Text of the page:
From the New York Times:
Only 7 black students got into Stuyvesant, New York City’s most selective public high school, out of 895 spots https://t.co/iD54wvEzLQ— The New York Times (@nytimes) March 18, 2019
By Eliza Shapiro
March 18, 2019
Only a tiny number of black students were offered admission to the highly selective public high schools in New York City on Monday, raising the pressure on officials to confront the decades-old challenge of integrating New York’s elite public schools.
At Stuyvesant High School, out of 895 slots in the freshman class, only seven were offered to black students. And the number of black students is shrinking: There were 10 black students admitted into Stuyvesant last year, and 13 the year before.
Another highly selective specialized school, the Bronx High School of Science, made 12 offers to black students this year, down from 25 last year.
These numbers come despite Mayor Bill de Blasio’s vow to diversify the specialized high schools, which have long been seen as a ticket for low-income and immigrant students to enter the nation’s best colleges and embark on successful careers.
But Mr. de Blasio’s proposal to scrap the entrance exam for the schools and overhaul the admissions process has proved so divisive that the state’s most prominent politicians, from Gov. Andrew M. Cuomo to Representative Alexandria Ocasio-Cortez, have mostly avoided taking a definitive position — even as black and Hispanic students are grappling with increasingly steep odds of admission into the city’s eight most selective public schools.
Students gain entry into the specialized schools by acing a single high-stakes exam that tests their mastery of math and English. Some students spend months or even years preparing for the exam. Stuyvesant, the most selective of the schools, has the highest cutoff score for admission, and now has the lowest percentage of black and Hispanic students of any of New York City’s roughly 600 public high schools.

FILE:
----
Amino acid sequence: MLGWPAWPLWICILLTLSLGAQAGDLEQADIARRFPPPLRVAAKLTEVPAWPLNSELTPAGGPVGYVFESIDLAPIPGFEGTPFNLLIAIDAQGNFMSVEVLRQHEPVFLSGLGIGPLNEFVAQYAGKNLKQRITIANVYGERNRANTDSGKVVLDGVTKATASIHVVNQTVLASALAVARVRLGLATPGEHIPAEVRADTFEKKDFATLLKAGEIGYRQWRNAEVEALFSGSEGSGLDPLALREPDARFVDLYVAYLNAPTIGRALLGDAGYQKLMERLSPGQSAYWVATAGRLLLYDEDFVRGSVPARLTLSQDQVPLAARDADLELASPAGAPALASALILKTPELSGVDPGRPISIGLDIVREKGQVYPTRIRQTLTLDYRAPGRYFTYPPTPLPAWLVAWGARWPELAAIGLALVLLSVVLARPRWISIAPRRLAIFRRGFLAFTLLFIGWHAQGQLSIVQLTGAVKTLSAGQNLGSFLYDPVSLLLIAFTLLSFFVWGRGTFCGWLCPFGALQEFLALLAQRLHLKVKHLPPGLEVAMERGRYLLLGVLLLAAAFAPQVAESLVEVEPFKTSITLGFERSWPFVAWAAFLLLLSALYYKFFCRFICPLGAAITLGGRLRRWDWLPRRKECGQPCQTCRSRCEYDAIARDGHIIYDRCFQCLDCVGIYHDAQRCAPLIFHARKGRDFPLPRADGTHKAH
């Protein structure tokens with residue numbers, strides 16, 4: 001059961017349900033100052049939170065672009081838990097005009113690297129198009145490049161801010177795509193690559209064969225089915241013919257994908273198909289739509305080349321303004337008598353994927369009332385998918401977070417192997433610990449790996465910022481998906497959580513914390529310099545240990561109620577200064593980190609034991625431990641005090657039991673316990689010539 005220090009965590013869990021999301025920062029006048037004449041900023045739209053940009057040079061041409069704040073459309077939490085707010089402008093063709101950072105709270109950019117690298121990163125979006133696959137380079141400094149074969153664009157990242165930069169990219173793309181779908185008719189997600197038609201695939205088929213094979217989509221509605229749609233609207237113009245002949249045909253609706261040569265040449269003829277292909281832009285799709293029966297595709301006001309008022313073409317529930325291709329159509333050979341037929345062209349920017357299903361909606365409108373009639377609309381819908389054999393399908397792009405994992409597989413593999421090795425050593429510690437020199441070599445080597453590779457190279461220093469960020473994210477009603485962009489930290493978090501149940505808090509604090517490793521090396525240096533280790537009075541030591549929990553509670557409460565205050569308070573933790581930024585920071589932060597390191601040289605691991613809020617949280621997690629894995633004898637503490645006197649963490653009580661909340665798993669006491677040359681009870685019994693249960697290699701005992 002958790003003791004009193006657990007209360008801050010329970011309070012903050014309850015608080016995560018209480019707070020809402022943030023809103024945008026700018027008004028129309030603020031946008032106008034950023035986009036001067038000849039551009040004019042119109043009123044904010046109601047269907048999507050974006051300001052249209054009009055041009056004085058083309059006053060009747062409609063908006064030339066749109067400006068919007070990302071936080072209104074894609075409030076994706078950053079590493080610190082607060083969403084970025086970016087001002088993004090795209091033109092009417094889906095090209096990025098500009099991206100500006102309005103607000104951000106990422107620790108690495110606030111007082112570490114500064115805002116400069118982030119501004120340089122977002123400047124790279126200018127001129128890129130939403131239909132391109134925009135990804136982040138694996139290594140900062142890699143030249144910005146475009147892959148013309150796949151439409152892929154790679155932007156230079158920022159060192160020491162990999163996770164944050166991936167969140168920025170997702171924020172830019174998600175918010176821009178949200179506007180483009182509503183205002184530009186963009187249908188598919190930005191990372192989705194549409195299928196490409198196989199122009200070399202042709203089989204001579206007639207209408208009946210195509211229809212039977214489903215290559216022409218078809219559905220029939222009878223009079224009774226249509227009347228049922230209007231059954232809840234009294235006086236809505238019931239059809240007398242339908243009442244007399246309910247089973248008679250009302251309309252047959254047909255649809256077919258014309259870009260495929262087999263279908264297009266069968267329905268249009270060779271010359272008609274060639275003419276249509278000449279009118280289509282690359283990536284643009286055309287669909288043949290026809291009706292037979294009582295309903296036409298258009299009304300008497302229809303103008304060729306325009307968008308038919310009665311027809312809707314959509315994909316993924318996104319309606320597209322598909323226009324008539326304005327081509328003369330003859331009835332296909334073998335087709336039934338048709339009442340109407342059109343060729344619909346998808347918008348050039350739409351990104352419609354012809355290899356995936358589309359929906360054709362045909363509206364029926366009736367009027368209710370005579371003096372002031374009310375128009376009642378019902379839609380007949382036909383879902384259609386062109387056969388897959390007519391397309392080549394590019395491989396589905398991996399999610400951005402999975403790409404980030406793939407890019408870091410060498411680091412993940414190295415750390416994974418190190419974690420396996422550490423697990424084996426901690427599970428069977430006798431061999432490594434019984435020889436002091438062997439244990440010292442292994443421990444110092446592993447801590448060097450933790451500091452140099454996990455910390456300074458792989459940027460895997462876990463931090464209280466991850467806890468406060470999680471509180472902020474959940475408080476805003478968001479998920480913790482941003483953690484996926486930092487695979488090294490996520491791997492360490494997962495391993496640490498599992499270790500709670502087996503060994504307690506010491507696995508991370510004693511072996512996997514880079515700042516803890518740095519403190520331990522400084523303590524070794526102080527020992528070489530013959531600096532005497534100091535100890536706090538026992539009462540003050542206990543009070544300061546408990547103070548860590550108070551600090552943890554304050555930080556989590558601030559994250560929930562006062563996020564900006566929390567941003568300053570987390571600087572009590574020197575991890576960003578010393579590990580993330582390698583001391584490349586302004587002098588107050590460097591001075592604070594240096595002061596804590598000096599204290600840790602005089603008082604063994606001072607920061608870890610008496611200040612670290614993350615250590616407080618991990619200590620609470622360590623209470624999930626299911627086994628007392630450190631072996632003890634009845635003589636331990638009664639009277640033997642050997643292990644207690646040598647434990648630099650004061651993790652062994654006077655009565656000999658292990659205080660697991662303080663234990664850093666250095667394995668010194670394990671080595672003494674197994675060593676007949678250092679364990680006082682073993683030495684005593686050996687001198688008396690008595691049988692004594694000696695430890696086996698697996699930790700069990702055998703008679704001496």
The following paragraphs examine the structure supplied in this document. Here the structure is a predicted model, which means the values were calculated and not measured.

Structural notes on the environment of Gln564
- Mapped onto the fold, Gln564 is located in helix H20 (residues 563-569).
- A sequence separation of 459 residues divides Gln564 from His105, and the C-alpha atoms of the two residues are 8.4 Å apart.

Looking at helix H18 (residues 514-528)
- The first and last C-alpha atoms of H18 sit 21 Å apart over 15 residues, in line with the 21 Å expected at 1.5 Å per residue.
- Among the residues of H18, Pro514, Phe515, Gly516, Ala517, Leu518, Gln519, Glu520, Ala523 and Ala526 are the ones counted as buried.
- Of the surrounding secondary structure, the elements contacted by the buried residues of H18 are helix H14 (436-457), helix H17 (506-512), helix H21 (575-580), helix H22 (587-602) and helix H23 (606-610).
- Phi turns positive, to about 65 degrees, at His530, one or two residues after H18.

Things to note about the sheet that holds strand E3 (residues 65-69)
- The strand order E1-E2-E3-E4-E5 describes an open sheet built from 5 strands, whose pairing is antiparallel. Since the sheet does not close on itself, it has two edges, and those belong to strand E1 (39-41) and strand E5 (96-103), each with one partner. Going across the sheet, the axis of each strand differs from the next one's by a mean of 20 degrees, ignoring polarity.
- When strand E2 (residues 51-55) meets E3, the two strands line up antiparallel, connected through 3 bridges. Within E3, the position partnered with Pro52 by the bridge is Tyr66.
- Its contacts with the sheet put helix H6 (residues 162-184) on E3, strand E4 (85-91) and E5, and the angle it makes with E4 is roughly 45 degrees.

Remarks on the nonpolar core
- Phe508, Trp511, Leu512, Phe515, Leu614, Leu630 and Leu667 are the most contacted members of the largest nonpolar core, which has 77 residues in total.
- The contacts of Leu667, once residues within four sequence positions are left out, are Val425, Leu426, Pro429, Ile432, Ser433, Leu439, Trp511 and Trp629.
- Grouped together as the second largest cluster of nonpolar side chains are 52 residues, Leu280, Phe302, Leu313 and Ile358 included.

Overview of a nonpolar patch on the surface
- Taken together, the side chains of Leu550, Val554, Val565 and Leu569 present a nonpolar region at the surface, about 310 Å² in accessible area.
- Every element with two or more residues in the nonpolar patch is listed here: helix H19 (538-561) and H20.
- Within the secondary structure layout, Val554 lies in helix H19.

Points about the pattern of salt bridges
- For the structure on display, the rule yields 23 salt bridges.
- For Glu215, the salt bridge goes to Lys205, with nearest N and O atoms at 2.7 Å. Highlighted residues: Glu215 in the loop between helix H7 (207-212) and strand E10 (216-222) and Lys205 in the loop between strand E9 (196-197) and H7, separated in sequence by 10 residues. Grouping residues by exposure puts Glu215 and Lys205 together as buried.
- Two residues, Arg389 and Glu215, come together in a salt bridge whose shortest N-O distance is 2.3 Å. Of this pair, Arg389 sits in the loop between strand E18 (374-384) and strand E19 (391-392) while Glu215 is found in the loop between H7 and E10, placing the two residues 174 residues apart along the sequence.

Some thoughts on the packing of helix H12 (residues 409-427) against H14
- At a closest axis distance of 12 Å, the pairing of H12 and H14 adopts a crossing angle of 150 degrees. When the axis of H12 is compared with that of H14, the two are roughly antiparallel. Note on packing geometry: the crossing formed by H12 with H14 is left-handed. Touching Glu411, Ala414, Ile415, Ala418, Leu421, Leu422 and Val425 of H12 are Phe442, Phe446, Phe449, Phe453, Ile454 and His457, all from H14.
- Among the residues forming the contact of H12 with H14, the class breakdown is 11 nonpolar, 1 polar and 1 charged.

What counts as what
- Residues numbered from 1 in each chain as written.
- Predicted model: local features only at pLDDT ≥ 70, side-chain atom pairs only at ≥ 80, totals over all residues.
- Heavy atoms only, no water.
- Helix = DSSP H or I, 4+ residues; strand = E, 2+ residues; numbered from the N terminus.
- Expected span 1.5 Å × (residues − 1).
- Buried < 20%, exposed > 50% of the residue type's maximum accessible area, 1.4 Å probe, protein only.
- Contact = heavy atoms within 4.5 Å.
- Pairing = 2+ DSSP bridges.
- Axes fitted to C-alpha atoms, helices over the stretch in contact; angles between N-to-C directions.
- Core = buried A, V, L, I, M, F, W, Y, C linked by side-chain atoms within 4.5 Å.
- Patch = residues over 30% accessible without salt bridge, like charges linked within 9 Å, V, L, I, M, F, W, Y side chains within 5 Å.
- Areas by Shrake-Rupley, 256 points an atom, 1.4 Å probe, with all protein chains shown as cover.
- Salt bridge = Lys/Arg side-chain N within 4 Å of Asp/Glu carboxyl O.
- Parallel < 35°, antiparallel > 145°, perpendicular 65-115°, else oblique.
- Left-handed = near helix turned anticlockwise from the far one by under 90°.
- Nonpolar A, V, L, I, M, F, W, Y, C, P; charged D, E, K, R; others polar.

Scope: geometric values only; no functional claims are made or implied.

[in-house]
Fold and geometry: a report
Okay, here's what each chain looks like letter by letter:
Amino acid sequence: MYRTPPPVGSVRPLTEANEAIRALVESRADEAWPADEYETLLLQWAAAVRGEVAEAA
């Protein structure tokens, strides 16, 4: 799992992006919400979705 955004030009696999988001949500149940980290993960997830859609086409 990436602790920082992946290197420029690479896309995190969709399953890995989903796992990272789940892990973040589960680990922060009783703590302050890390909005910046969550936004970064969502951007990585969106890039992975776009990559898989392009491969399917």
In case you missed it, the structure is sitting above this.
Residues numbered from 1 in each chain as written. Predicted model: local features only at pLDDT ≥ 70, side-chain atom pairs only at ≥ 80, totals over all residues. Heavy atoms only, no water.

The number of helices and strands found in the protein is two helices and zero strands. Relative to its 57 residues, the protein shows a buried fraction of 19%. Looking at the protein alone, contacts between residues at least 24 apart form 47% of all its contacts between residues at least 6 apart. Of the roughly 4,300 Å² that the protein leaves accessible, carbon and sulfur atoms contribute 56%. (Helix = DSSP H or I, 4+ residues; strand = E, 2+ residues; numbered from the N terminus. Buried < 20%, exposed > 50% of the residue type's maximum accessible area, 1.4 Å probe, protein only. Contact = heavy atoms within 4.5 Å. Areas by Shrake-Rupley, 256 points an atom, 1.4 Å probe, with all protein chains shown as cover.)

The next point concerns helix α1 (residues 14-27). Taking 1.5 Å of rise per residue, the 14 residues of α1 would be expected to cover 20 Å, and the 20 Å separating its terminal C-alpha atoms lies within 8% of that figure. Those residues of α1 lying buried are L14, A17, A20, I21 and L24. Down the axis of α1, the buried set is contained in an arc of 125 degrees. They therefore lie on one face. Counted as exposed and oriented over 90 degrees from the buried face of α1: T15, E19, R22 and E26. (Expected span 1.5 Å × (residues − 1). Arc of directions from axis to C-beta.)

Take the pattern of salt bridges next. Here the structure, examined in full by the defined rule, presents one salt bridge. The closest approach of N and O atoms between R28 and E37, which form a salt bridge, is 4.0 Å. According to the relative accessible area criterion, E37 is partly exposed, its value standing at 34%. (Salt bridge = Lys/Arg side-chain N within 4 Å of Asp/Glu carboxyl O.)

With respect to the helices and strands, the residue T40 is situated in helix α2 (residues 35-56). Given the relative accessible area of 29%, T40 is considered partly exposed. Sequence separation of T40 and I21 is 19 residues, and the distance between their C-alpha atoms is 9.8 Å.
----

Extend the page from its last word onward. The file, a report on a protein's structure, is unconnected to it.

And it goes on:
Lawmakers considering Mr. de Blasio’s proposal have faced a backlash from the specialized schools’ alumni organizations and from Asian-American groups who believe discarding the test would water down the schools’ rigorous academics and discriminate against the mostly low-income Asian students who make up the majority of the schools’ student bodies. (At Stuyvesant, 74 percent of current students are Asian-American.)
So, like the picture shows, 74% of Stuyvesant is white.
A reader writes:
One interesting aspect of this article is how relatively little ink is spilled pointing to racial discrimination as THE salient factor of Black/Hispanic academic performance. I expected the usual racial bias hysteria but it’s actually meager.
It’s as if the interminable data year after year and year has in some sense — ever so slightly — taken the sting and outrage out of the argument. Plus, Asians evidently won’t allow it to be used as a weapon against their interests.
Of course the #1 take-home message is the obvious power of the Asian American community to put their foot down and say NO. The politicians mentioned in the Times article clearly fear the Asian voting block and money and in an astounding shift … refuse to reflexively bend their knee to Blacks and Hispanics interests. Fascinating.
Lastly, Whites are ignored and squeezed in the middle as usual. They are the left-over number inserted after ethnic politics have played out. Evidently, even when Whites are a minority … they aren’t a Minority.
Whites will be the Legacy Majority forever.[Comment at Unz.com]